Not really. Something needs to be done about parochial land use laws that prevent supply from rising to meet demand: http://www.amazon.com/TheRent-Too-Damn-High-Matters-ebook/dp.... Until that happens, prices will rise. Despite many efforts to the contrary, you cannot legislate away supply, demand, and prices.
Preventing new development appears to have really taken off in the 1970s, according to Chapters 7 and 8 of William Fischel's Zoning Rules!: http://www.amazon.com/Zoning-Rules-Economics-Land-Regulation.... Until we reverse that dynamic (or make cities less attractive places to live) we're going to see rising prices.
San Francisco's housing policies drove housing into orbit: http://techcrunch.com/2014/04/14/sf-housing/. There are numerous other discussions of this: http://www.amazon.com/TheRent-Too-Damn-High-Matters-ebook/dp....
We have the technology to build lots of units (steel-frame construction, elevators): http://www.slate.com/blogs/moneybox/2013/05/03/silicon_valle.... "We" just choose not to use them.
Also, how does that really work out in practice - can I buy a house in a residential neighborhood and open a noisy biker bar in it?
The short version is this: Property owners now have shocking amounts of control over what their neighbors do with property. Owners, especially of single-family houses, elect officials who restrict development through zoning and similar means. Height limits and parking requirements effectively mandate single, detached housing in most of the U.S.
This only really got started in the 70s (see http://jakeseliger.com/2013/07/03/jane-jacobs-is-everywhere-...), and it didn't get really bad until the 2000s, when the shift back to cities ran into insane urban zoning rules to produce huge affordability crises. By now, most developers who dare to build condos or apartments have to build luxury apartments: http://www.wsj.com/articles/rents-rise-faster-for-midtier-ap... because that's the only way to make the economics work.
In the meantime, much of the population growth has shifted to Sun Belt cities in Texas, Arizona, Georgia, and Florida where development is easier and/or simply sprawls more.
Years ago, “anyone could live in Palo Alto,” says Saul Bracamontes, 30, Ms. Escalante’s boyfriend and the produce leader at the local Whole Foods market. “Now people are getting separated because some make less than others.”
People aren't really "getting separated because some make less than others" in this instance—they're "getting separated" because the entire Bay Area makes it incredibly hard to increase housing supply: http://www.citylab.com/housing/2015/07/whats-the-matter-with.... The Bay Area has an entirely self-inflicted housing crisis that primarily benefits existing owners. Matt Yglesias describes more in "The Rent is Too Damn High" (http://www.amazon.com/Rent-Too-Damn-High-Matters-ebook/dp/B0...).
Housing affordability is primarily a political / legal problem. It can be solved relatively easily, if and when voters (and by extension politicians) want it to be solved.
Sort of, but not really. The market can't provide lower-priced housing because of intensive zoning restrictions: http://www.amazon.com/Rent-Too-Damn-High-Matters-ebook/dp/B0... or http://www.voxeu.org/article/causes-and-consequences-land-us.... This: http://www.citylab.com/housing/2013/10/san-francisco-exodus/... pertains specifically to San Francisco and environs.
This is an easily solvable problem: http://www.amazon.com/Rent-Too-Damn-High-Matters-ebook/dp/B0....
Capitol Hill height limits and parking minimums are insane. I used to live across the street from Seattle U, and the apartment building was only four stories high. It should've been 20 stories, since everyone in it was connected to the university. Every street west of Broadway / 10th and south of Prospect should have no height limits or parking minimums. The problem can be solved: Seattle's politicians (and, by extension, voters) choose not to solve it.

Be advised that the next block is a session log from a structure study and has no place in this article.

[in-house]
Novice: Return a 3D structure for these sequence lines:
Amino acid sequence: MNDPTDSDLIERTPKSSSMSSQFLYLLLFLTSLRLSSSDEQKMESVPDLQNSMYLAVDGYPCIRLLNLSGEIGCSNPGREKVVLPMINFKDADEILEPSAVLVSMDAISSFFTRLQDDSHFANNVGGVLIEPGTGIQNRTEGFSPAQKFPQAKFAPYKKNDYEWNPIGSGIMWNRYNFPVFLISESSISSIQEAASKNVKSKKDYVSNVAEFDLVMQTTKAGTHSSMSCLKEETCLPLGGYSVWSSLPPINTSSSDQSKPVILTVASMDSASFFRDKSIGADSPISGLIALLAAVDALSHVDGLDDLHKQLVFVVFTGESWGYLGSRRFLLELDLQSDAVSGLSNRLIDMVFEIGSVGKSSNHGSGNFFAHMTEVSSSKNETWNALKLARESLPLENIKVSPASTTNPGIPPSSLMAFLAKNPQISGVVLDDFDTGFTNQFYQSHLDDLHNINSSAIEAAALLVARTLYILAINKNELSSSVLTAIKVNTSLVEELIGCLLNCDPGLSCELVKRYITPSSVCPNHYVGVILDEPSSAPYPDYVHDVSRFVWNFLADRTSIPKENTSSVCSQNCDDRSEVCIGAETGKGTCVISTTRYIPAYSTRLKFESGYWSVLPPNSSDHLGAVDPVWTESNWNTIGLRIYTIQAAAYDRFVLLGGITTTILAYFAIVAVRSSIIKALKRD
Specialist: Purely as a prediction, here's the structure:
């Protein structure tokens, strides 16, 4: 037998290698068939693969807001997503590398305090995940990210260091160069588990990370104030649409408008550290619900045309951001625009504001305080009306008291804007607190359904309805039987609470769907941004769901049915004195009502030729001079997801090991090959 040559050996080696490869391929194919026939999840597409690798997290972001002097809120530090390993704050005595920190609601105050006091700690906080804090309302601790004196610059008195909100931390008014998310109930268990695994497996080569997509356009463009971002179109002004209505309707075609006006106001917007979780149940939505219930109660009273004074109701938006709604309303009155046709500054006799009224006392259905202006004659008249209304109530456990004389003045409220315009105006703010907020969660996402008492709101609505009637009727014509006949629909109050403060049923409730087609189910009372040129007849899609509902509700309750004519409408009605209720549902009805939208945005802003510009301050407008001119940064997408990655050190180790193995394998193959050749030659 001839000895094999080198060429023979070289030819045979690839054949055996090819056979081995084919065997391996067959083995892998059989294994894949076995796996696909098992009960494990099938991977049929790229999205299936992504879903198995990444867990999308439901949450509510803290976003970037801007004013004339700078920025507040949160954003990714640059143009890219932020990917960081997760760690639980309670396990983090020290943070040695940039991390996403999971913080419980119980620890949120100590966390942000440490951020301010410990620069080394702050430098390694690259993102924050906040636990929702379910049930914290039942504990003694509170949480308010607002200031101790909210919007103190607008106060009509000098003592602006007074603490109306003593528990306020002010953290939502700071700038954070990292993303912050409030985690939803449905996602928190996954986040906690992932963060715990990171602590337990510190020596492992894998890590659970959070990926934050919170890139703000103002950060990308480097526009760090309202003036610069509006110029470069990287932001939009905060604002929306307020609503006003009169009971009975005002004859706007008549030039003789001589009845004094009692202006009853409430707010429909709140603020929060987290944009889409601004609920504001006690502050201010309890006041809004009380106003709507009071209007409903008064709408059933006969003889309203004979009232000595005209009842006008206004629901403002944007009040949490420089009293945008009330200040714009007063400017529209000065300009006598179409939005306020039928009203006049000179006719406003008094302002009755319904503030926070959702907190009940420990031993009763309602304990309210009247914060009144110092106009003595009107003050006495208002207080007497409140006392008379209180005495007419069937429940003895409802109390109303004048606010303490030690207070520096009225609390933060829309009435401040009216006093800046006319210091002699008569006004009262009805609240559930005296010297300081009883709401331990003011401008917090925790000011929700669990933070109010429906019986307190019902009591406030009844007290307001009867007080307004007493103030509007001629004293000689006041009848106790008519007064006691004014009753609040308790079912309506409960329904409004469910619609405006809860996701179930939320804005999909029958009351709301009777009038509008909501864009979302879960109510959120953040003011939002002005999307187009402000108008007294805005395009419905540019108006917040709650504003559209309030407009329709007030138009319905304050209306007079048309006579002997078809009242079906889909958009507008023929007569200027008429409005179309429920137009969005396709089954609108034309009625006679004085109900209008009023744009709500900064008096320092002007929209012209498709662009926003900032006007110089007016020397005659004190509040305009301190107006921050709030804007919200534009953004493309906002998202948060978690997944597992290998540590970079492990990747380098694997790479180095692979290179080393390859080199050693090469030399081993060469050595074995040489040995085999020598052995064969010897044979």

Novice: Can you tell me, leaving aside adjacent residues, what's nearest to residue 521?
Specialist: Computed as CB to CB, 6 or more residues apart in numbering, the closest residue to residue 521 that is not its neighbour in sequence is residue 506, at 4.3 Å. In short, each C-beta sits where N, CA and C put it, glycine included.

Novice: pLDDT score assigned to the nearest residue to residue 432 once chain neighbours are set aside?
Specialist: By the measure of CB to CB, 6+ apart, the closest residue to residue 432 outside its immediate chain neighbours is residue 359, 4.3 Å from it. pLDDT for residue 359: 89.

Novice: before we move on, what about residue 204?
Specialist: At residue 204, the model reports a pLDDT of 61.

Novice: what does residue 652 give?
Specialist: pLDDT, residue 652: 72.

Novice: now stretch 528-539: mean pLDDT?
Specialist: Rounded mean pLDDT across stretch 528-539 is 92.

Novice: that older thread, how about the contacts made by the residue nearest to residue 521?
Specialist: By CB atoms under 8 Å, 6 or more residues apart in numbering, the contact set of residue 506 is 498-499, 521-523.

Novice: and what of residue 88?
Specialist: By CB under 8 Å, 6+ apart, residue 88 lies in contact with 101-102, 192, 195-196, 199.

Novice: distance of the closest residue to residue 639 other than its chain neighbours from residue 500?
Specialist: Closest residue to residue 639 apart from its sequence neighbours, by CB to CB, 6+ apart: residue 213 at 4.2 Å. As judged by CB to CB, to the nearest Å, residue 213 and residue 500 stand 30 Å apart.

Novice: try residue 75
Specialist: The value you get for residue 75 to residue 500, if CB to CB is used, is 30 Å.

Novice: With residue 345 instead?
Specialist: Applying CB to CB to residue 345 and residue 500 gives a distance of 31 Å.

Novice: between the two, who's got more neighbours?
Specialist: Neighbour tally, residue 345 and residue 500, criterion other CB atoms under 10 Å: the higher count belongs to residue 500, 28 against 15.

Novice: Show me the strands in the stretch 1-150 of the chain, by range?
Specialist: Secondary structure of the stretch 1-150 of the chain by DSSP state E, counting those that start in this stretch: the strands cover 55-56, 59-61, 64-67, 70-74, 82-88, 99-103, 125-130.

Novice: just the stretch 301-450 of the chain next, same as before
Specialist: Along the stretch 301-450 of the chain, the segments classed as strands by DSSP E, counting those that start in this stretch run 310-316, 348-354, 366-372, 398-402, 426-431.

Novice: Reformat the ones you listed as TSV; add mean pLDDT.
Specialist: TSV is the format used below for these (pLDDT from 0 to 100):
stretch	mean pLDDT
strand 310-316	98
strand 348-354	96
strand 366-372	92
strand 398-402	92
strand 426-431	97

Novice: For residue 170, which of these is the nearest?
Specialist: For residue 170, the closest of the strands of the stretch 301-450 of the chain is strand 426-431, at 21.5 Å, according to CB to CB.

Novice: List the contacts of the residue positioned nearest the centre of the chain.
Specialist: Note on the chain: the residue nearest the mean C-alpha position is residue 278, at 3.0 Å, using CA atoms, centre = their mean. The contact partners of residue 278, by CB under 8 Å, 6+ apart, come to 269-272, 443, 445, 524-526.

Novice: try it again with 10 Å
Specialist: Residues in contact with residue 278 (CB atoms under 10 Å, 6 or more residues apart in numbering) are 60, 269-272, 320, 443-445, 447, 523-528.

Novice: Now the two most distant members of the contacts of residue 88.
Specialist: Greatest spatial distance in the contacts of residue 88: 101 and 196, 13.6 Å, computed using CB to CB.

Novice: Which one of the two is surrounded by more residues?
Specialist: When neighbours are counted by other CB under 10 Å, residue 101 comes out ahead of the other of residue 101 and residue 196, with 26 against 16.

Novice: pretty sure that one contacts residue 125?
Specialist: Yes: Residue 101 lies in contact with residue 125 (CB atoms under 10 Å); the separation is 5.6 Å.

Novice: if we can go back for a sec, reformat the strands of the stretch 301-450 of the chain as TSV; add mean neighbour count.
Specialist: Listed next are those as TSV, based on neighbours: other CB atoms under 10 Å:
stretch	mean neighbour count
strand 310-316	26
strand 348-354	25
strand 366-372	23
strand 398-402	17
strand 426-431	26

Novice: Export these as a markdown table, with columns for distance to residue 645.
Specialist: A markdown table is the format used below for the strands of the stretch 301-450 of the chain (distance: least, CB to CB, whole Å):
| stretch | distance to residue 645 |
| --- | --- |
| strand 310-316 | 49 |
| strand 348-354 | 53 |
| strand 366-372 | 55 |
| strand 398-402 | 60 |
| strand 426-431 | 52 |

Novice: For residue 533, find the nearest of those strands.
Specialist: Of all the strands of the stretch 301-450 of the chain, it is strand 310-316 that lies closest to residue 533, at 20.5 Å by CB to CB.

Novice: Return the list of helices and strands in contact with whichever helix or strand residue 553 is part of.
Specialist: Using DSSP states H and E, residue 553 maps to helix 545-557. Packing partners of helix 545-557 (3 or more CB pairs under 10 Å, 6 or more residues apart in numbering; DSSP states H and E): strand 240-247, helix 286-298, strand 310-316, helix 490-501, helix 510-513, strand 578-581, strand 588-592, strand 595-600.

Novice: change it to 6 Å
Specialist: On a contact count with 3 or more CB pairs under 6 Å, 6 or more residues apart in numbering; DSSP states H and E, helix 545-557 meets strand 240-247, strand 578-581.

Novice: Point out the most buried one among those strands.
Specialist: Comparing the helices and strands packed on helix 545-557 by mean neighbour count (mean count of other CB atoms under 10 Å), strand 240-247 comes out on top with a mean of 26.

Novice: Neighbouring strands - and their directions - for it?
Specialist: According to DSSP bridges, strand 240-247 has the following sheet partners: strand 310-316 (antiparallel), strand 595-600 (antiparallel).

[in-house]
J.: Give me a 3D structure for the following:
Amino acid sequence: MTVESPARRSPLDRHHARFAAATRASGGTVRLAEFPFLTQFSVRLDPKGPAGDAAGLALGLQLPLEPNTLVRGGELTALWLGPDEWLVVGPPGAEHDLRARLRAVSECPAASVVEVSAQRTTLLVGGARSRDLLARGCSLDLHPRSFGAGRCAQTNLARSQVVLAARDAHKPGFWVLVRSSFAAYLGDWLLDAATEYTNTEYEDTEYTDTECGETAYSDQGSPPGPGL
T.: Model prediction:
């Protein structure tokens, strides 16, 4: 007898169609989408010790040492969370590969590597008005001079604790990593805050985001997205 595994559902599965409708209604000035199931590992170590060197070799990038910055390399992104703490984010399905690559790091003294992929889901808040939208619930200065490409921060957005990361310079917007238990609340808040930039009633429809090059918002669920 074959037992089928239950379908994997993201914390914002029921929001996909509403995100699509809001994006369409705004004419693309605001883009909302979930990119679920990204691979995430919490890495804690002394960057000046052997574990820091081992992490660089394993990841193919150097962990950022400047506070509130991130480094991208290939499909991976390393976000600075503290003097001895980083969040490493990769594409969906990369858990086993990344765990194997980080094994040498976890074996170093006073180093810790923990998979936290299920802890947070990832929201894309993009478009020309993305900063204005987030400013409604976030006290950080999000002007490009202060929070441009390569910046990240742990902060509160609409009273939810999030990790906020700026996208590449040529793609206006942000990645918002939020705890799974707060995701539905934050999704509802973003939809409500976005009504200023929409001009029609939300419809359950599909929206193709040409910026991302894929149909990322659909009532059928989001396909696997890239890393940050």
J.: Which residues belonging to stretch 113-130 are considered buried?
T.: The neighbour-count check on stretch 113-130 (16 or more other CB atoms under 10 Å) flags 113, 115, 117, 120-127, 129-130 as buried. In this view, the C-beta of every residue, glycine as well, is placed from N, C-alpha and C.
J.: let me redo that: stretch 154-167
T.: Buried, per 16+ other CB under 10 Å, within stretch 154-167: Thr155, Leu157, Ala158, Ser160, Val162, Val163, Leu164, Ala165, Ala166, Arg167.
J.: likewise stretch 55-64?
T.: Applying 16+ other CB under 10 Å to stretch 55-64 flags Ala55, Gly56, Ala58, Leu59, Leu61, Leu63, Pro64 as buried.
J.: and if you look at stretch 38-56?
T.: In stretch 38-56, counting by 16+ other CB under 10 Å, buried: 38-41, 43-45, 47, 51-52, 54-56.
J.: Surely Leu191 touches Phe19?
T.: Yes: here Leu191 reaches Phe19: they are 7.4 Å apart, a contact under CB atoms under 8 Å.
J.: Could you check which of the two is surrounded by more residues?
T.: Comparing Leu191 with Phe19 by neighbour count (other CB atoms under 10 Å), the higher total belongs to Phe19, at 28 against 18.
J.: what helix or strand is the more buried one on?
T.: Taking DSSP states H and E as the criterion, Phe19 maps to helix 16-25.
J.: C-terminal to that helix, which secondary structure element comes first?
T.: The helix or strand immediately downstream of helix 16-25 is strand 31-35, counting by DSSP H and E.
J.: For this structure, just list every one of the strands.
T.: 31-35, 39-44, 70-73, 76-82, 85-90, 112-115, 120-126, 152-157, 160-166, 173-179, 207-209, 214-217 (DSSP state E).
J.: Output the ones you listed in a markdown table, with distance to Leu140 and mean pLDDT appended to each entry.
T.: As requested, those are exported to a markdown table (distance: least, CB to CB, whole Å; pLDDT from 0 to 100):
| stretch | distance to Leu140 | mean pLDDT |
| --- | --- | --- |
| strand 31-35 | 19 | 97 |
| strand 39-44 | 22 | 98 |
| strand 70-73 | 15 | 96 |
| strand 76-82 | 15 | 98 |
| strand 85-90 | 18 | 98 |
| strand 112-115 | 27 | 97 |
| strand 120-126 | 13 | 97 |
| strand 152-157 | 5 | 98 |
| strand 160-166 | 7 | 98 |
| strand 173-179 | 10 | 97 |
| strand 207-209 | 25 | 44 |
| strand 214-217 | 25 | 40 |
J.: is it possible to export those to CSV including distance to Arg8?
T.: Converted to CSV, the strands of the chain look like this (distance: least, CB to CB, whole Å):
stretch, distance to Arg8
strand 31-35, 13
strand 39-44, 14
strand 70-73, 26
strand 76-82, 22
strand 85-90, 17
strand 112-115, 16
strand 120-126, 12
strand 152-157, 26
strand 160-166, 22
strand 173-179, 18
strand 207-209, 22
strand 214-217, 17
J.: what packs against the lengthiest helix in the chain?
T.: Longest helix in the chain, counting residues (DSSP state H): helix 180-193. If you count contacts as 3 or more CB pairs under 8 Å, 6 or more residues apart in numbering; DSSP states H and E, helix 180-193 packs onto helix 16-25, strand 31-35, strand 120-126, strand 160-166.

We've substantially and enormously empowered veto players at all levels: http://www.amazon.com/Rent-Too-Damn-High-Matters-ebook/dp/B0... , in part due to the influence of Jane Jacobs and her fight against Robert Moses: http://jakeseliger.com/2013/07/03/jane-jacobs-is-everywhere-... .
That being said, there seems to be something about wealthy, industrialized countries that makes local resistance to infrastructure development powerful. Europe and Canada are suffering from the same basic problems.
Actually, housing stock is not "naturally" limited; it is quite artificially limited: see e.g. http://www.amazon.com/Rent-Too-Damn-High-Matters-ebook/dp/B0...
I'm not convinced this is as true as a separate issues: many desirable cities and first-tier suburbs have implemented severe land-use controls that force families who want better school districts to pay for housing. This is a point Avent makes in The Gated City (http://www.amazon.com/Gated-City-Kindle-Single-ebook/dp/B005...) and Yglesias makes in The Rent is Too Damn High (http://www.amazon.com/Rent-Too-Damn-High-Matters-ebook/dp/B0...).
I read Progress and Poverty: An Inquiry in the Cause of Industrial Depressions and of Increase of Want with Increase of Wealth but am worried that land-use controls weren't really even on George's radar for obvious reasons; in the 19th C the U.S. was a different place. I don't think the book is bad exactly but much has changed. think the causal issue runs from "land use restriction" -> "higher prices" rather than "dual income" -> "higher prices."
I've seen articles that argue this, but I think the bigger issue is that Millenials can't, because it's too expensive: http://www.amazon.com/Rent-Too-Damn-High-Matters-ebook/dp/B0... and municipalities simply won't let anyone build housing that millenials can't afford.
Except... for exurbs, which don't have existing veto players. Consider: http://marginalrevolution.com/marginalrevolution/2015/03/hou... :
Unlike most other big cities in America, Houston has no zoning code, so it is quick to respond to demand for housing and office space. Last year authorities in the Houston metropolitan area, with a population of 6.2m, issued permits to build 64,000 homes. The entire state of California, with a population of 39m, issued just 83,000.
People move to Houston and exurbs because they can. They don't move to say New York and San Francisco and Seattle because those cities are so expensive, regardless of other preferences.